To solve this problem we first have to set up an equation for our variables:  where  is the rate of machine O and  is the rate of machine P.

The first statement tells us that  and , where  is the time it takes machine O to produce 880 telephones.

At first it might look insufficient but, by pluging in the values for  and  in our first equation we get :

, this gives us a quadratic equation, in which we can solve and find t, and therefore find the number of telephones O can produce in 1 hour.

The second statement tell us that , therefore, we can plug in this value in our first equation to find the rate for machine O and this will allow us to answer the question.

Example Question #1 : Rate Problems

Machines A,B and C working together take 12 minutes to complete a watch.

What is the rate of both machines B and C working together?

(1) Machines A and B together can complete a watch in 20 minutes.

(2) Machines A and C together can complete a watch in 15 minutes.

Possible Answers:

Statement (1) alone is sufficient.

Both statements taken together are sufficient.

Each statement alone is sufficient.

Statements (1) and (2) taken together are not sufficient.

Statement (2) alone is sufficient.

Correct answer:

Both statements taken together are sufficient.

Explanation:

Firstly we should set up an equation for this problem:  where  are the respective rates of machines A, B and C. We need to find .

Statement 1 tells us that .

This alone is not suffient since we will have no precise information on machine B. Similarly, with statement 2 We can find the value of the rate for machine B but we cannot know what is the rate of machine C, from what we are told. However, taking both statements together, with statement 1 we can find the value for  and with statement 2 we can find the value for  and thereby we can find the value of .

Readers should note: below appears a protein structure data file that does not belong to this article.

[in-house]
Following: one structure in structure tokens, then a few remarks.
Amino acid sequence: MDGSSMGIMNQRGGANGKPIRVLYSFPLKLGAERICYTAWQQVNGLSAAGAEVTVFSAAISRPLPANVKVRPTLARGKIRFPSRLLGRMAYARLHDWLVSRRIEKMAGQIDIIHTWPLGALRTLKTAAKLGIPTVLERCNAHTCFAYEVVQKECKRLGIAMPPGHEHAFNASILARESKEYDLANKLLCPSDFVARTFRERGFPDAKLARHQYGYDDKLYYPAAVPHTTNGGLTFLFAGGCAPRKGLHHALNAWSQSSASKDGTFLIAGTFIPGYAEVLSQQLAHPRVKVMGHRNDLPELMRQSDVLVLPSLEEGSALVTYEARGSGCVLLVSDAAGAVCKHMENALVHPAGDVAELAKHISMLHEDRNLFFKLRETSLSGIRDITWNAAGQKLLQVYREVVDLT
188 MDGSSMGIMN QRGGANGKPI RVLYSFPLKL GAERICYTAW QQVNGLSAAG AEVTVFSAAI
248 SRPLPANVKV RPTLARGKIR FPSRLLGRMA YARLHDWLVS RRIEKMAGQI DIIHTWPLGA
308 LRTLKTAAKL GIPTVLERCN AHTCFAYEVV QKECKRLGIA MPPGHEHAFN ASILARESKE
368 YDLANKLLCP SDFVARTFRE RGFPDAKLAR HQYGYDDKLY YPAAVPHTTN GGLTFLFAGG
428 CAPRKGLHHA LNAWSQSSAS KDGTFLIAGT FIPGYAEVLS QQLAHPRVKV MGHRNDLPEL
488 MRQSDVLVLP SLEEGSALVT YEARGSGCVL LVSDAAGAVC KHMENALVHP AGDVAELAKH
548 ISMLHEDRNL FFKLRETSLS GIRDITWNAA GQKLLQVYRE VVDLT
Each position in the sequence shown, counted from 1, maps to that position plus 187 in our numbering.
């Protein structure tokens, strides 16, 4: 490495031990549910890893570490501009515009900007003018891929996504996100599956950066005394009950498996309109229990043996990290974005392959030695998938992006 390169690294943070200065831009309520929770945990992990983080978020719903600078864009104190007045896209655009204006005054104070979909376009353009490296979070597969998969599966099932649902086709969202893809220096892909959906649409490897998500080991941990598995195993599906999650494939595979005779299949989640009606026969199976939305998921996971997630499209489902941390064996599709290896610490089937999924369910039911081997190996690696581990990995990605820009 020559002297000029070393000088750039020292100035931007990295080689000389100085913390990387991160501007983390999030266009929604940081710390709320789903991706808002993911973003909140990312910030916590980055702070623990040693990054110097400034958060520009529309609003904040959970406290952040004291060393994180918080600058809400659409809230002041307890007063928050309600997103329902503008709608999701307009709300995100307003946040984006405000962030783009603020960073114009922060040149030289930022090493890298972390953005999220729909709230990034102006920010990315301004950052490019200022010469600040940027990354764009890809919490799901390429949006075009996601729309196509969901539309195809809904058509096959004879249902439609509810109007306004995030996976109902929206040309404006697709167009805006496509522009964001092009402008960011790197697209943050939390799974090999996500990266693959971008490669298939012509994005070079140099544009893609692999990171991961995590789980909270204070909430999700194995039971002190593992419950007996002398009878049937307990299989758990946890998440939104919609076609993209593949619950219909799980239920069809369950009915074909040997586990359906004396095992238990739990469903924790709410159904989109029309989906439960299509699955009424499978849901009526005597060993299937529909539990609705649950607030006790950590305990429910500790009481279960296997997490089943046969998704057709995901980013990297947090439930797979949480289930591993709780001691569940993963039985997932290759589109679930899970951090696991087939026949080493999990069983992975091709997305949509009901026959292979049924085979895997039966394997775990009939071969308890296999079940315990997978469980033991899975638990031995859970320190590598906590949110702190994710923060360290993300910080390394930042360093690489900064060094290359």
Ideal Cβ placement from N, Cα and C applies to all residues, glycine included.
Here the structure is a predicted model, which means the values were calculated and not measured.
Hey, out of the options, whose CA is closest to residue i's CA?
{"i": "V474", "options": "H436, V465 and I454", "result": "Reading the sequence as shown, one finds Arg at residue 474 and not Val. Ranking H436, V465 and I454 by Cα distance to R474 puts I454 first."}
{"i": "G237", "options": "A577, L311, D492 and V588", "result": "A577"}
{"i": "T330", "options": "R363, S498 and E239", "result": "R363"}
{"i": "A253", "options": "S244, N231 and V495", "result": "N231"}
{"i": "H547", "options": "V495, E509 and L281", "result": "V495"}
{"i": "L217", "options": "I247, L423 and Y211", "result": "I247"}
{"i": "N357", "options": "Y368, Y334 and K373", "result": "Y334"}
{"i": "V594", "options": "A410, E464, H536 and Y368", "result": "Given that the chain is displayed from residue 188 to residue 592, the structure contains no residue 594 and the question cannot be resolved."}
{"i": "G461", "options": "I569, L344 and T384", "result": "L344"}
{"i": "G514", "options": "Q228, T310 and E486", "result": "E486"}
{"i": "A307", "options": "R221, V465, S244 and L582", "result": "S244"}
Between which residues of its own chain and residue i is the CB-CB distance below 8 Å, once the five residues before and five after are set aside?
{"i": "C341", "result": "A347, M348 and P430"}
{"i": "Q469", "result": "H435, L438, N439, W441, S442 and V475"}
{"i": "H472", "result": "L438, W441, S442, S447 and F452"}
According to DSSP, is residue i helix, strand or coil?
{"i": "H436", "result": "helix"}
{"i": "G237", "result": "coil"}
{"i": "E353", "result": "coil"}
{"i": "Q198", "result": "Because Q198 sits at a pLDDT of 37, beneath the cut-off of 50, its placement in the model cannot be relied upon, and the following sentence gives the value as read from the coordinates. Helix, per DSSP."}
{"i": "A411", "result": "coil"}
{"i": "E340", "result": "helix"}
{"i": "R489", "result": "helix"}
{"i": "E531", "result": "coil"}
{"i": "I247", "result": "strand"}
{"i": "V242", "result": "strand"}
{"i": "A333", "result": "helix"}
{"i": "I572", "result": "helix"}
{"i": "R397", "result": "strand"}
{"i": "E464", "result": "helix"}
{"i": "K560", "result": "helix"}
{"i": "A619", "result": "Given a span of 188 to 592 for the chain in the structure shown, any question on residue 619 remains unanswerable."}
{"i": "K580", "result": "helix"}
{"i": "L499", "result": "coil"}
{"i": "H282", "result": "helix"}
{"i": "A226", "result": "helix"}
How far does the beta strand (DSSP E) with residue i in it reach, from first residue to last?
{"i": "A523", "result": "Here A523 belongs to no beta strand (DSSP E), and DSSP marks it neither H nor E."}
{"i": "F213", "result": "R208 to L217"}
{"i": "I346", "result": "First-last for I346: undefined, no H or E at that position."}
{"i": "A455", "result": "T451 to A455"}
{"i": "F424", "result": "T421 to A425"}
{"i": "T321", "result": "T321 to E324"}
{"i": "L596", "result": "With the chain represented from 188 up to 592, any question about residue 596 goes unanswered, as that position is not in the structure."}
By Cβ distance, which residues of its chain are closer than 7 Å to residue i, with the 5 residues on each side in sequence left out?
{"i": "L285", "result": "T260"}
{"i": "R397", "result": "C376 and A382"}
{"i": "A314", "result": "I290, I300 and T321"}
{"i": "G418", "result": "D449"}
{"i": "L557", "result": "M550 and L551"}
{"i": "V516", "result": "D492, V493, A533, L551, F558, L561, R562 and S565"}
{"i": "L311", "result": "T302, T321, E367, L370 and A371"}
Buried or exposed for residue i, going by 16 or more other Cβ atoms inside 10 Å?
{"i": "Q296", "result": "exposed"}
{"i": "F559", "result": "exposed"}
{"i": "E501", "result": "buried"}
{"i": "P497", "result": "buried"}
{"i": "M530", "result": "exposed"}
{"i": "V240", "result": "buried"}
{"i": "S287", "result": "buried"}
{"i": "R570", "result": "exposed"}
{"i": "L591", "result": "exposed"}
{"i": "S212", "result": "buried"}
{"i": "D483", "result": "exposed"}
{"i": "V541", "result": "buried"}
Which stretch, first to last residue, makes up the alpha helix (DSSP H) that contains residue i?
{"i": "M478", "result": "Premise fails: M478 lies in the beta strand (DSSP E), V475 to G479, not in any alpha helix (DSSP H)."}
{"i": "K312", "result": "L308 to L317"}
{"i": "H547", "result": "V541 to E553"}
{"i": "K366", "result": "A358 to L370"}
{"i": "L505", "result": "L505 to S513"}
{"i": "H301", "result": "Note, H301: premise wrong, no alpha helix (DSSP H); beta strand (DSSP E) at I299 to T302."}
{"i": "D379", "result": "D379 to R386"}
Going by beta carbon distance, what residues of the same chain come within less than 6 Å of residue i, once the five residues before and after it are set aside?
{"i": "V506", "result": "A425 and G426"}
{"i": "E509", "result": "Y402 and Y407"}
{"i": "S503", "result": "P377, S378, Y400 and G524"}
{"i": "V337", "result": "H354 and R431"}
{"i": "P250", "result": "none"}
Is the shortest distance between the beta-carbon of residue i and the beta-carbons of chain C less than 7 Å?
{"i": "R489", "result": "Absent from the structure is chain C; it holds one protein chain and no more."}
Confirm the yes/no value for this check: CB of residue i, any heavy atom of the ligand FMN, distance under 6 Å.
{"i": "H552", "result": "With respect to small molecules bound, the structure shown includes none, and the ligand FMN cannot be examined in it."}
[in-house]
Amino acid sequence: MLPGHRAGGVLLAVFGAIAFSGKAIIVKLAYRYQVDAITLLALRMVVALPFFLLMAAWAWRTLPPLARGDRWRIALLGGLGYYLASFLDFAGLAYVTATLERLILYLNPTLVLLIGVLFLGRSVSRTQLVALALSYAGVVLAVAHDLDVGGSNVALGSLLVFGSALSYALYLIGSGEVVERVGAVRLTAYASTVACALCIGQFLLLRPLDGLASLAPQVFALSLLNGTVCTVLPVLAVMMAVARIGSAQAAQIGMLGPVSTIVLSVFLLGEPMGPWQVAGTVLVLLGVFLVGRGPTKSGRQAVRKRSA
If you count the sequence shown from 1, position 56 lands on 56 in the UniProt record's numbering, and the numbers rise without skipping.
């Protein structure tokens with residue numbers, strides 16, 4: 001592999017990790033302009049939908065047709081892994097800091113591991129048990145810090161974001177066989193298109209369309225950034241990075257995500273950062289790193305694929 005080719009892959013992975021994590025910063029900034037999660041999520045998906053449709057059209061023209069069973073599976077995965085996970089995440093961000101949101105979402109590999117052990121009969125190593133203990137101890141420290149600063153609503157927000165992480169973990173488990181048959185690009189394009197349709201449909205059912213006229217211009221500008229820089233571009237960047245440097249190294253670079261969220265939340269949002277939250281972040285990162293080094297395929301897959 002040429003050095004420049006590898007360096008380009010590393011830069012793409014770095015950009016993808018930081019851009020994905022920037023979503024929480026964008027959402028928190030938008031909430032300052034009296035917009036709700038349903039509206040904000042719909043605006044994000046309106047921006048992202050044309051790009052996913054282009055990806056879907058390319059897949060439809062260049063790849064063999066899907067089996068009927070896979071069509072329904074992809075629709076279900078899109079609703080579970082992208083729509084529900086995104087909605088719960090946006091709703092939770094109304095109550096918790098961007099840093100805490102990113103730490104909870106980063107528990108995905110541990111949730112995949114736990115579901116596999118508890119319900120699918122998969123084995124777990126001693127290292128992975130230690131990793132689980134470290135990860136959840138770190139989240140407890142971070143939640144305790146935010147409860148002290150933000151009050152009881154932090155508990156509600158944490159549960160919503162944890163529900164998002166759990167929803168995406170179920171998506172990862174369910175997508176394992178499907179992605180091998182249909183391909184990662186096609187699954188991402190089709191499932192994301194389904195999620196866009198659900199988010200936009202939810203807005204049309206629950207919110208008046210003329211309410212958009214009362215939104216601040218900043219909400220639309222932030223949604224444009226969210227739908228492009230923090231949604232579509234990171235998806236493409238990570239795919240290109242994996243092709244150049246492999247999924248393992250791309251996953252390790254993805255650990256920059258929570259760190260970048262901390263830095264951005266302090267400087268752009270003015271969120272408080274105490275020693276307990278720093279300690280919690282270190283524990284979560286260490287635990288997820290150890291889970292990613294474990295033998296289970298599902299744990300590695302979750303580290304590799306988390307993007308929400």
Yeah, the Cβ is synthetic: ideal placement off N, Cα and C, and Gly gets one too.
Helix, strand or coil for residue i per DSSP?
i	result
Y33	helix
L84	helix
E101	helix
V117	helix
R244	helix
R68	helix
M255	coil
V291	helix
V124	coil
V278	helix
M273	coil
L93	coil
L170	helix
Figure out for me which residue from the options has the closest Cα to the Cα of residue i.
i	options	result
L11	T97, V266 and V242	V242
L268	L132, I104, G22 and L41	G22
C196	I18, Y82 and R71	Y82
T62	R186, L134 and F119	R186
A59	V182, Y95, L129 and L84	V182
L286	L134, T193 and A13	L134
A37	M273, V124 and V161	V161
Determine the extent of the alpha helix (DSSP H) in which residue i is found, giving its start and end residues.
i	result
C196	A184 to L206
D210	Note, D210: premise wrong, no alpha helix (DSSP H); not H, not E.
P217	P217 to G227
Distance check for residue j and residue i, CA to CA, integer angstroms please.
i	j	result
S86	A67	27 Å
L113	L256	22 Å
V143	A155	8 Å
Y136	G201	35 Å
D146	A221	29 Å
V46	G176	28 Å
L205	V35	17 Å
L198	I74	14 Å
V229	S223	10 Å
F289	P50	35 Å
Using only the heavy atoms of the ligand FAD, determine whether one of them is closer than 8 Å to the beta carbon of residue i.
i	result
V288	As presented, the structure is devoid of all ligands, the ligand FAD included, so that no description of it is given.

Example Question #31 : Data Sufficiency Questions

16 very precise machines, working at the same constant rate, can produce a luxury necklace working together. How many machines should we add in order for the necklace to be produced in an hour. 

(1) It takes 5 hours for these machines to produce the necklace

(2) A single machine produces a necklace in 80 hours. 

Possible Answers:

Both statements together are sufficient.

Each statement alone is sufficient.

Statement (2) alone is sufficient.

Statement (1) alone is sufficient.

Statements 1 and 2 together are not sufficient.

Correct answer:

Each statement alone is sufficient.

Explanation:

We know that there are 16 machines and we are looking for how many we should add. Let us set an equation representing the number of machines in use , where  is the total number of machines we need and  is the rate of an individual machine. We should therefore find a rate for a single machine to be able to solve this problem, since we can then calculate .

Statement 1 tells us that for 16 machines, it takes 5 hours to produce a necklace. From this we can find the rate of a single machine.

Statement 2 tells us direclty the rate of a single machine, therefore both these statements allow us to answer the problem.

Example Question #2141 : Gmat Quantitative Reasoning

Train A and Train B are moving toward one another. How long does it takes for train A to pass by train B?

(1) The distance between train A and train B is 180 miles.

(2) Train A's rate is 45 mph and train B's rate is 60 mph.

Possible Answers:

Statement (1) alone is sufficient.

Both statements taken together are sufficient.

Each statement alone is sufficient.

Statement (2) alone is sufficient.

Statements 1 and 2 taken together are not sufficient.

Correct answer:

Both statements taken together are sufficient.

Explanation:

Since the problem doesn't tell us anything about the rates and the distance between the two train, there is not much we can say. Statement one tells us that there is 180 miles between the two trains. This is not sufficient, since we don't know how fast the trains are.

Statement 2 alone tells us the rates of the trains, but we don't know how far away they are, this statement alone doesn't help us answer the question.